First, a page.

Farallones Marine Sanctuary Association                   Rocky Intertidal Touch Tank Exhibit                                            $15,000
Friends of Fitzgerald Marine Life Refuge                  Junior Rangers                                                                 $4,400
Friends of the Sea Lion Marine Mammal Center              Project SEAL (Students Excited About Learning)                                 $9,970
Glacier High School Charter                               Regional Watershed Awareness Project                                           $5,000
Golden Gate Audubon Society                               Inner-City Marine Ecology Project for Families                                 $10,000
GREENSPACE - Cambria Land Trust                           Santa Rosa Creek Watershed Education Program                                   $19,438
Howard Carden School                                      A Field Guide to Carpinteria's Tide Pools                                      $8,000
I Love A Clean San Diego                                  Coastal Stewardship Initiative                                                 $49,969
Ida Redmond Taylor School                                 Taylor Outdoor Classroom                                                       $5,000
Land Conservancy of San Luis Obispo County                Environ. Education & Interpretation at Olde Towne Nipomo Creekside             $10,000
Lawrence Hall of Science                                  MARE Sea STAR Project                                                          $40,710
Literacy for Environmental Justice                        Herons Head Park Pilot Stewardship Program                                     $50,000
Los Angeles Co. Sheriff's Dept., Industry Station         Sheriff's High Adventure for Responsible Kids (SHARK)                          $47,648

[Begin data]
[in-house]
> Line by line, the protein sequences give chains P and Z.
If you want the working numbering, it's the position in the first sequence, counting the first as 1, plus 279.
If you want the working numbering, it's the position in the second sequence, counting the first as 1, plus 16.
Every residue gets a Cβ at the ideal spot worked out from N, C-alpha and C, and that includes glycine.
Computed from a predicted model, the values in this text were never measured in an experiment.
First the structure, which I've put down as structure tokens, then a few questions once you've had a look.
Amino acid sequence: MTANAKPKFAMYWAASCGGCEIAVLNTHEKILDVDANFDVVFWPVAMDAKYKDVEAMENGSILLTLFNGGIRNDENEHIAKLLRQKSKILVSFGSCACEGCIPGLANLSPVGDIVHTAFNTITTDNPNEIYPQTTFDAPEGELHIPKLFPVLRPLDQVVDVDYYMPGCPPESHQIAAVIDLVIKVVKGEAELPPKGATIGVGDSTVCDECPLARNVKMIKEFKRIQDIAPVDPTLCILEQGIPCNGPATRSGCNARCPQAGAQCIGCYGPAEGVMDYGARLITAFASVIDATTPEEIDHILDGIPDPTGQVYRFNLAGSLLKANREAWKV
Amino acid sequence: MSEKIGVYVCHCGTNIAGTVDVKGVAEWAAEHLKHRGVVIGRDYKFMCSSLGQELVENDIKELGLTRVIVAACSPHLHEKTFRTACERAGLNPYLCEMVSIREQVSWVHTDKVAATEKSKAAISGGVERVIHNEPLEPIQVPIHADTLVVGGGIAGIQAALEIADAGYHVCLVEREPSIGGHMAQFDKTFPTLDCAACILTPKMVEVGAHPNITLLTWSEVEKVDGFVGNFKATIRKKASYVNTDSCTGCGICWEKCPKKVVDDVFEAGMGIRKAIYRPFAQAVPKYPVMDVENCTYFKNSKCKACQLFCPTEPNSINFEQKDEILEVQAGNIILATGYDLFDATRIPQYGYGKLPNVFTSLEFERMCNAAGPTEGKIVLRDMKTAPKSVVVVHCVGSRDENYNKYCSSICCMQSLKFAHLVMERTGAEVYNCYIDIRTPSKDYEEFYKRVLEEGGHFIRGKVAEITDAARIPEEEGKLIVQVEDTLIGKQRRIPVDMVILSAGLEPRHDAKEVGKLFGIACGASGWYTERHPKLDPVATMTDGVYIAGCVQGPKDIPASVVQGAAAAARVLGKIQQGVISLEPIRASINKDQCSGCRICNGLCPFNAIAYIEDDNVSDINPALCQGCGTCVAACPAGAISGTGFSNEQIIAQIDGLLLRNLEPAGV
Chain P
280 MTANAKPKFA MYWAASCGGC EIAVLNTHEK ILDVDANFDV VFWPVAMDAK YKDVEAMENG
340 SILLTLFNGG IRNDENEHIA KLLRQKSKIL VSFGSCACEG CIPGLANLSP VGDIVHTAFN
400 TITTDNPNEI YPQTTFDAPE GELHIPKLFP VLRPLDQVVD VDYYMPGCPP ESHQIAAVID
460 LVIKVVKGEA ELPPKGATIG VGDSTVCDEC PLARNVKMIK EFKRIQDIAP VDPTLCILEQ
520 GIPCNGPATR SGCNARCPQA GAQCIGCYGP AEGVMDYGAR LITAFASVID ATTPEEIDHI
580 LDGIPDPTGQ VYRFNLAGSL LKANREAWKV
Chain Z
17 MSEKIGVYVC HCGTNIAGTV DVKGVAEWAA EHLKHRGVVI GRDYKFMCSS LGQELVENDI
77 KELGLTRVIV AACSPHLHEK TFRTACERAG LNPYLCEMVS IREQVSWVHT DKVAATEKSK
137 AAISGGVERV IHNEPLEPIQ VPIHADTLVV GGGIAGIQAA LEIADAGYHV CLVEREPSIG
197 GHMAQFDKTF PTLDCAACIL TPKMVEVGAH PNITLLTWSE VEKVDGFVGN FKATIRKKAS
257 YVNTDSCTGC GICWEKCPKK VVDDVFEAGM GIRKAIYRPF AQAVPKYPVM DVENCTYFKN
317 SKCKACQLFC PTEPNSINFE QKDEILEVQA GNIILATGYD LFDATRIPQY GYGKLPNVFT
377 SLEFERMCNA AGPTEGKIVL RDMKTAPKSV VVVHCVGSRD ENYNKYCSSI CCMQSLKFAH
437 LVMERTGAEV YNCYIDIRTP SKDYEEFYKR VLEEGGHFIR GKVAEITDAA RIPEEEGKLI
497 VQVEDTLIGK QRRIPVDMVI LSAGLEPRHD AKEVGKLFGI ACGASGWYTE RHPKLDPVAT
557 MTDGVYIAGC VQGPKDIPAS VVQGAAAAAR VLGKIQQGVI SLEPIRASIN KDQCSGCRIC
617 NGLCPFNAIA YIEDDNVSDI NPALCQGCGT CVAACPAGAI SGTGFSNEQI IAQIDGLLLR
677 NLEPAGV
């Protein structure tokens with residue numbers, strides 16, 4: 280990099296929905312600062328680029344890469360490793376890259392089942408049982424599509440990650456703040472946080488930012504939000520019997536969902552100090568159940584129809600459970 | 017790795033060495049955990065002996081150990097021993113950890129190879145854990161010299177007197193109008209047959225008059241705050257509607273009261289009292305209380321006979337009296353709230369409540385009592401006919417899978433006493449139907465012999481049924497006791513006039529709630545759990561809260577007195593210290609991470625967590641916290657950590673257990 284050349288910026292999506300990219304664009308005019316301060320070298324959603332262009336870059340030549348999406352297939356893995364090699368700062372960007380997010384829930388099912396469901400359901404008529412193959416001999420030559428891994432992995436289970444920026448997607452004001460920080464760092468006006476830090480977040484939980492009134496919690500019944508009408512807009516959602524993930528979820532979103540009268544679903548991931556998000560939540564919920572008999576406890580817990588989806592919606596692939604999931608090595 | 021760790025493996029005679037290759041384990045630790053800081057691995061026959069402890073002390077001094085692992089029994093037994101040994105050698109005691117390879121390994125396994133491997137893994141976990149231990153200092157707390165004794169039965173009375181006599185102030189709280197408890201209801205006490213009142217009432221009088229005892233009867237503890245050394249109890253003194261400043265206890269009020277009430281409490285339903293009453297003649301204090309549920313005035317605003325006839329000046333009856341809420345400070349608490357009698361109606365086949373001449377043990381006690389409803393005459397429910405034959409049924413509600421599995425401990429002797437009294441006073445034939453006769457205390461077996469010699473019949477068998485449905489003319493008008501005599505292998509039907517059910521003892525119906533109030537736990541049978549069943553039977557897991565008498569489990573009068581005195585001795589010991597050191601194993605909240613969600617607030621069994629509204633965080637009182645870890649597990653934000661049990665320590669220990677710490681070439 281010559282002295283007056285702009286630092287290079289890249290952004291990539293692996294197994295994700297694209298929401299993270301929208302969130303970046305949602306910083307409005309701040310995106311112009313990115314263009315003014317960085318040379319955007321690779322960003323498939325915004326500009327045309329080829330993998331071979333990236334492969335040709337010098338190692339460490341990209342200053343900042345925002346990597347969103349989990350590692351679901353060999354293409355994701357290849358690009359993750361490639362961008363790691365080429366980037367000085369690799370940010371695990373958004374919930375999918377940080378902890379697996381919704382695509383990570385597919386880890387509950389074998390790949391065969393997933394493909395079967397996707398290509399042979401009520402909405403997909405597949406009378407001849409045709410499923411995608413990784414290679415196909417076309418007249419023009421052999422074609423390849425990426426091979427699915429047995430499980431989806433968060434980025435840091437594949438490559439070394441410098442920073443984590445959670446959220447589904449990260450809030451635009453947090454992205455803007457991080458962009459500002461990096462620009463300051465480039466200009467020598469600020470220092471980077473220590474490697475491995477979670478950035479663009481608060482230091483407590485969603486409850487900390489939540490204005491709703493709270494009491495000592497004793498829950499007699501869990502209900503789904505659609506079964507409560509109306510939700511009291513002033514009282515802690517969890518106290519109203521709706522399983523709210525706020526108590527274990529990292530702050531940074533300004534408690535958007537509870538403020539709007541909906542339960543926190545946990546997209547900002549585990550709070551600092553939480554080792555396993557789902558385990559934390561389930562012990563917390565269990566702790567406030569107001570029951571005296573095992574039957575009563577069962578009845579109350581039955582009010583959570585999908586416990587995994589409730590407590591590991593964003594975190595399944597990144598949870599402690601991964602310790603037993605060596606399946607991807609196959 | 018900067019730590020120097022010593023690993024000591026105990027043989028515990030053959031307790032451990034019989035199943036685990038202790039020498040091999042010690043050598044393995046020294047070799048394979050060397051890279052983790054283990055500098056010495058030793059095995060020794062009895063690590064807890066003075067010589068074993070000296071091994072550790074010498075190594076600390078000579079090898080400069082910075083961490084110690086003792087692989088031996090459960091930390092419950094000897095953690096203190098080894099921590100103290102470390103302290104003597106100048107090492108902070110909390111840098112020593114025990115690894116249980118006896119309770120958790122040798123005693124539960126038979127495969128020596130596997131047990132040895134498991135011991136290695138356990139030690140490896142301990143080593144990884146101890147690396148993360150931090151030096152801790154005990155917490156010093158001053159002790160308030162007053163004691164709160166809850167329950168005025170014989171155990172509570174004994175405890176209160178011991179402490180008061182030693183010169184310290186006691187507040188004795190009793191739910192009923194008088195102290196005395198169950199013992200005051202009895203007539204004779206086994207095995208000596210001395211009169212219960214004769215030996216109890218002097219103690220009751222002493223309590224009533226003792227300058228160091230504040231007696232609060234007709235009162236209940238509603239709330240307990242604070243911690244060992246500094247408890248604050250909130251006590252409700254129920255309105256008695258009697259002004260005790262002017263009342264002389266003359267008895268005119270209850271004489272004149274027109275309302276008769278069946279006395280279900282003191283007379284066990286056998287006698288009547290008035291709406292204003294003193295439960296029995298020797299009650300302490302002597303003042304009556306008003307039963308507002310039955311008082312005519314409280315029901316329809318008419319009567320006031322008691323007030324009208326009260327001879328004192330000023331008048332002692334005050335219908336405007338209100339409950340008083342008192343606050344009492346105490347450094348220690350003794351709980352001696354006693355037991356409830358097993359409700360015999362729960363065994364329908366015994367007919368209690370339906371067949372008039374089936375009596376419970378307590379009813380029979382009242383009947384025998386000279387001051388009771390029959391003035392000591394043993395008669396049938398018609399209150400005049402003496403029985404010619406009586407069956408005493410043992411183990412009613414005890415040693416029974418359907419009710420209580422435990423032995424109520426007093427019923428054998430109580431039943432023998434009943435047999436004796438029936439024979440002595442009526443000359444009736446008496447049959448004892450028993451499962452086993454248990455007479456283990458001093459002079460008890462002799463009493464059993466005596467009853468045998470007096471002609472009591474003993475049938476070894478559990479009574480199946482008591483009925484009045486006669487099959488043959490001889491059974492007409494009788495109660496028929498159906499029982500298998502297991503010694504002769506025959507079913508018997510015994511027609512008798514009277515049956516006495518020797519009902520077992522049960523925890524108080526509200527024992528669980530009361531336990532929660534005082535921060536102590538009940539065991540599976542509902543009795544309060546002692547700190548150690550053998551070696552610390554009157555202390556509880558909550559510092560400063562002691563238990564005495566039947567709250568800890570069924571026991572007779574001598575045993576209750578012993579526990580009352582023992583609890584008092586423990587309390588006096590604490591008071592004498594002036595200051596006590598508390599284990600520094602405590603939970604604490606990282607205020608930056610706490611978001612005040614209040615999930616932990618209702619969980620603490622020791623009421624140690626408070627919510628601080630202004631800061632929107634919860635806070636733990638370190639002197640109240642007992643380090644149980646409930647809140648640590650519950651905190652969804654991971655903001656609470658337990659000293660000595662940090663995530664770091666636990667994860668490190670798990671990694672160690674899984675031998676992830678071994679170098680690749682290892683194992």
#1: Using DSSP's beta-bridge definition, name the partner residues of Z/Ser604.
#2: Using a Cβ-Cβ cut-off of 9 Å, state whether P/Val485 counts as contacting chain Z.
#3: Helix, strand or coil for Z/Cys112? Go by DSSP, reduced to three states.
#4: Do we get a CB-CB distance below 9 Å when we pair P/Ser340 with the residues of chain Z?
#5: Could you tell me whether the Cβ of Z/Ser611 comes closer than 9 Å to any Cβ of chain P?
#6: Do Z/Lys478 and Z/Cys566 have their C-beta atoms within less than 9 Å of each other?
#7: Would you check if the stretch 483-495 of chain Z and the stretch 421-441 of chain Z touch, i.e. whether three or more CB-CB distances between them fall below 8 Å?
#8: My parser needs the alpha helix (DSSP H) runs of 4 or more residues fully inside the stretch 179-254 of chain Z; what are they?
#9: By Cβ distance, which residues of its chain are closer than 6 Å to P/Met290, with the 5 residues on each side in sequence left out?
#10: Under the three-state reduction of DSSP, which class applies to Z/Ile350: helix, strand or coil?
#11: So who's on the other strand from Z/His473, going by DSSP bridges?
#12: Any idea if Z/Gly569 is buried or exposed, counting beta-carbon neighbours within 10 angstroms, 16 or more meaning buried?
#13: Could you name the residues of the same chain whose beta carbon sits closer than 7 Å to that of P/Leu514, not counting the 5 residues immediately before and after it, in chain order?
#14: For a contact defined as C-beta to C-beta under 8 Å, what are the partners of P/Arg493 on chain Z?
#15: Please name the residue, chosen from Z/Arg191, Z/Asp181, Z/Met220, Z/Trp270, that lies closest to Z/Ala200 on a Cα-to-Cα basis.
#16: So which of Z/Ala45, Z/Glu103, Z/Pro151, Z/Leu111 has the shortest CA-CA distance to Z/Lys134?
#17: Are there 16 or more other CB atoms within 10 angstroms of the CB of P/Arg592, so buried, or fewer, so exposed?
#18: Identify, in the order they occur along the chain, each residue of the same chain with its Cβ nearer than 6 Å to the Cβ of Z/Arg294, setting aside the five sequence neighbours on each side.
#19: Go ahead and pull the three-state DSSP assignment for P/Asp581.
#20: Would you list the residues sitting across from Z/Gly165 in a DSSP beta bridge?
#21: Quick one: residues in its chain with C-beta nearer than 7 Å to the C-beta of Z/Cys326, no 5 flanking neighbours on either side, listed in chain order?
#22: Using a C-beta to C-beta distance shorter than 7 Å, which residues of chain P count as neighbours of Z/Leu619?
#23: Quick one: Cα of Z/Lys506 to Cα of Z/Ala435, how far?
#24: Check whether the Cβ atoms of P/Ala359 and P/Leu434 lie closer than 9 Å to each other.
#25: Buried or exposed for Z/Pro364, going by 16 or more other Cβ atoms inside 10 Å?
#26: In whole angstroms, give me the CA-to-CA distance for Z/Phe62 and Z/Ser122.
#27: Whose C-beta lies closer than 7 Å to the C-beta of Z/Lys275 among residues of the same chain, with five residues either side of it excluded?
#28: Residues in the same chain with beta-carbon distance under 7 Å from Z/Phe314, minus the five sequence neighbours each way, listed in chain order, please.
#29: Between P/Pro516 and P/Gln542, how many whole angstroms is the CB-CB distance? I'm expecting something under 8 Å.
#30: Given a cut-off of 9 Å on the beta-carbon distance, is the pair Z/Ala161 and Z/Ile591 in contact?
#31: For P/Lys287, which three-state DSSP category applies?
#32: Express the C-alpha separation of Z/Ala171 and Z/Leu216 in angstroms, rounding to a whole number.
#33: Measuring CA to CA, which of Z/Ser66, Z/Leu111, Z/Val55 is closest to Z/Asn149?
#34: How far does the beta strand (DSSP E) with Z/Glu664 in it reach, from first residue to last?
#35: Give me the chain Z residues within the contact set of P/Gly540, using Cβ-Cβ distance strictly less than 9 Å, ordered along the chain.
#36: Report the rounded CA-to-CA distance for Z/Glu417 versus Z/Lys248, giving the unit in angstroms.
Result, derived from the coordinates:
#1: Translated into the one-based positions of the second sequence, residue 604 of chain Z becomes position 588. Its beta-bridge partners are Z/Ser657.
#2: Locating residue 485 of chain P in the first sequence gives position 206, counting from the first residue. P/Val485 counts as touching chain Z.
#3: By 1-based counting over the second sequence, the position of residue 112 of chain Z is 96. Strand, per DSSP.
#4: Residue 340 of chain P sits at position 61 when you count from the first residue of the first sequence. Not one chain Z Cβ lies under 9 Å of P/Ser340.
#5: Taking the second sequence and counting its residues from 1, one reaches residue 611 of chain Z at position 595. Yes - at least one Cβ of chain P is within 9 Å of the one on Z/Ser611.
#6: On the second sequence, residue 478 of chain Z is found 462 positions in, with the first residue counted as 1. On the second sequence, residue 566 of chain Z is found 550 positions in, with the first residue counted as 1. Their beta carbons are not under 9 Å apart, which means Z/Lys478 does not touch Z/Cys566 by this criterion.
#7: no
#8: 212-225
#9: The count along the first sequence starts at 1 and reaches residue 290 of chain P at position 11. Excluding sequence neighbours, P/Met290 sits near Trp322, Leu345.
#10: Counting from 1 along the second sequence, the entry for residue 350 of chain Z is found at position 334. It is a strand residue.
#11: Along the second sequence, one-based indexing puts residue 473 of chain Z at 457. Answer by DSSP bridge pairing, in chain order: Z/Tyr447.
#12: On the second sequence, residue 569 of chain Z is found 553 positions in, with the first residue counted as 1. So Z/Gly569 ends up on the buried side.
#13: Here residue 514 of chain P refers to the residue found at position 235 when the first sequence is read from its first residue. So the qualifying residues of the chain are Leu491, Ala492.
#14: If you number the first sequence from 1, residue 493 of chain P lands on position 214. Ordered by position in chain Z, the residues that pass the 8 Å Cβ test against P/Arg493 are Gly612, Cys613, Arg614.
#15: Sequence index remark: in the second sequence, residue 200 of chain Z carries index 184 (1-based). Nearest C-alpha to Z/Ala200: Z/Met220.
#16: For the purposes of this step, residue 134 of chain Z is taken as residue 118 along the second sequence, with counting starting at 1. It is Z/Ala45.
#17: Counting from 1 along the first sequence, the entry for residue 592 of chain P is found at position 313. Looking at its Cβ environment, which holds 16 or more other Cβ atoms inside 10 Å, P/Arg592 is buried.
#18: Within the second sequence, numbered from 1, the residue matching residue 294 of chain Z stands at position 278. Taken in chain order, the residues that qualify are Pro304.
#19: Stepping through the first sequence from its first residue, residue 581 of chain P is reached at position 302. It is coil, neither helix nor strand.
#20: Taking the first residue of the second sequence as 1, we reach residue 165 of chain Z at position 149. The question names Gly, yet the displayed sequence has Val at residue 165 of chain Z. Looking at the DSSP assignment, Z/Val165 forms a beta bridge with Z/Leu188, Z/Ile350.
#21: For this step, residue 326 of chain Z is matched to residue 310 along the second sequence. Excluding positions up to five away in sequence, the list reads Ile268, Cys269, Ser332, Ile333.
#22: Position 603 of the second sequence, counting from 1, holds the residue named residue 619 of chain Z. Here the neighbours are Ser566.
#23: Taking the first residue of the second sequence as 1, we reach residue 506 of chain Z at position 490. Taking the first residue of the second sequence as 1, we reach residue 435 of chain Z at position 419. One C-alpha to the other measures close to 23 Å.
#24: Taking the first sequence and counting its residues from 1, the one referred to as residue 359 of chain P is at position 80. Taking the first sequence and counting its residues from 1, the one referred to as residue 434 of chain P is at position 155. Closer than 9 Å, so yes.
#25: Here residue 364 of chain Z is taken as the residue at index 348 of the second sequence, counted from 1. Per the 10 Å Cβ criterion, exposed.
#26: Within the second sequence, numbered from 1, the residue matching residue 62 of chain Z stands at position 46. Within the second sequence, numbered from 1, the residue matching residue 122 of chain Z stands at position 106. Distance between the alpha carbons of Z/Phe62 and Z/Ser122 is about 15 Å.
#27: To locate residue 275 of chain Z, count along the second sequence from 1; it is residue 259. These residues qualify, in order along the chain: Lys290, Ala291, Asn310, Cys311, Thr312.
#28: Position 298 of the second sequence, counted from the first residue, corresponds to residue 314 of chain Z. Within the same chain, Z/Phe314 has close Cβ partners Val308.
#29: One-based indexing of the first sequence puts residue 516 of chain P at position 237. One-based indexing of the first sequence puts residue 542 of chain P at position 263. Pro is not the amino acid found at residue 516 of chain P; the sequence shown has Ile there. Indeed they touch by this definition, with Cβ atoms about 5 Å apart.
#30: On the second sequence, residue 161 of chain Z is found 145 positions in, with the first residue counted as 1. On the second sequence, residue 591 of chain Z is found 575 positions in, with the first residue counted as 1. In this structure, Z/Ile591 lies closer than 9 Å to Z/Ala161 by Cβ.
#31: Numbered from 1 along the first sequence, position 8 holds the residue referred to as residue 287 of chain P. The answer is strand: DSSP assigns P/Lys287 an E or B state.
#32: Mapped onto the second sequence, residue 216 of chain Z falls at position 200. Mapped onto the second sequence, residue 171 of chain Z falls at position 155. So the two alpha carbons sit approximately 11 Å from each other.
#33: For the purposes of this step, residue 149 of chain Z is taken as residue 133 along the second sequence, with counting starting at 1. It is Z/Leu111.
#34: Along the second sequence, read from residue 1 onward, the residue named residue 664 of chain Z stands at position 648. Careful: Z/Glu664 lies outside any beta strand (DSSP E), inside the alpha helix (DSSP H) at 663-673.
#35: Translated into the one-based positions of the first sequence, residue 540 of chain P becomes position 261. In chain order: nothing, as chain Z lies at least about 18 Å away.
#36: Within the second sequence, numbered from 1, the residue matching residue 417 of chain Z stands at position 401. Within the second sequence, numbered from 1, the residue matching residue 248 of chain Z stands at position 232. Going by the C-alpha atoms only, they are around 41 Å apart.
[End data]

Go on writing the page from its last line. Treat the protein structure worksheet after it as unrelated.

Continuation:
Los Angeles Conservation Corps                            Sleep and Snorkel Program                                                      $17,360
Los Angeles Leadership Academy                            Keep Our Ocean Clean Club                                                      $29,313
Mar Vista High School, Poseidon Acad. of Marine Science   Marine Science Center at YMCA Camp Surf                                        $29,283
Marin Conservation Corps                                  Project ReGeneration: Youth Services for our Oceans                            $10,000
Marine Science Institute                                  Outreach Science Programs for Low-Income Bay Area Schools                      $10,000
Math Science Nucleus                                      Connecting Watersheds with Oceanographic Processes                             $25,000
Mendocino Area Parks Association                          Enhancement of State Park Marine Mammal Exhibits                               $21,357
Monterey Bay Aquarium Foundation                          Young Women in Science                                                         $50,000
Monterey Bay Sanctuary Foundation                         Changing Behavior to Improve Water Quality                                     $49,500
Monterey Bay Sanctuary Foundation                         First Flush and Urban Watch Citizen Water Quality Monitoring                   $39,900
Moss Landing Marine Labs/San Jose State Univ. Foundation Sea Lion Steward Marine Education Program                                       $9,992

Attachment B
                                                                                                                                      Page 3 of 6
Organization Name                                         Project Title                                                           Requested Amount
Nautilus Institute                                        Pegasus Project                                                                   $20,000
Northern California Society of American Foresters         Forestry Institute for Teachers - Humboldt State University                       $1,750
Ocean Institute                                           "One Tier Back" Watershed Education Program                                       $10,000
Oceanic Society                                           San Francisco Bay Region Gray Whale Survey                                        $10,000
Ojai Valley Youth Foundation                              Public Education Strategies for the Channel Islands National Marine               $46,284
Orange Coast College Marine Science Dept.                 Night Watch Project                                                               $15,000
Orange County Coastkeeper                                 Junior Coastkeeper Program                                                        $13,565
Orange County Fair & Exposition Center                    Centennial Farm Coastal Environment Education Program                             $9,000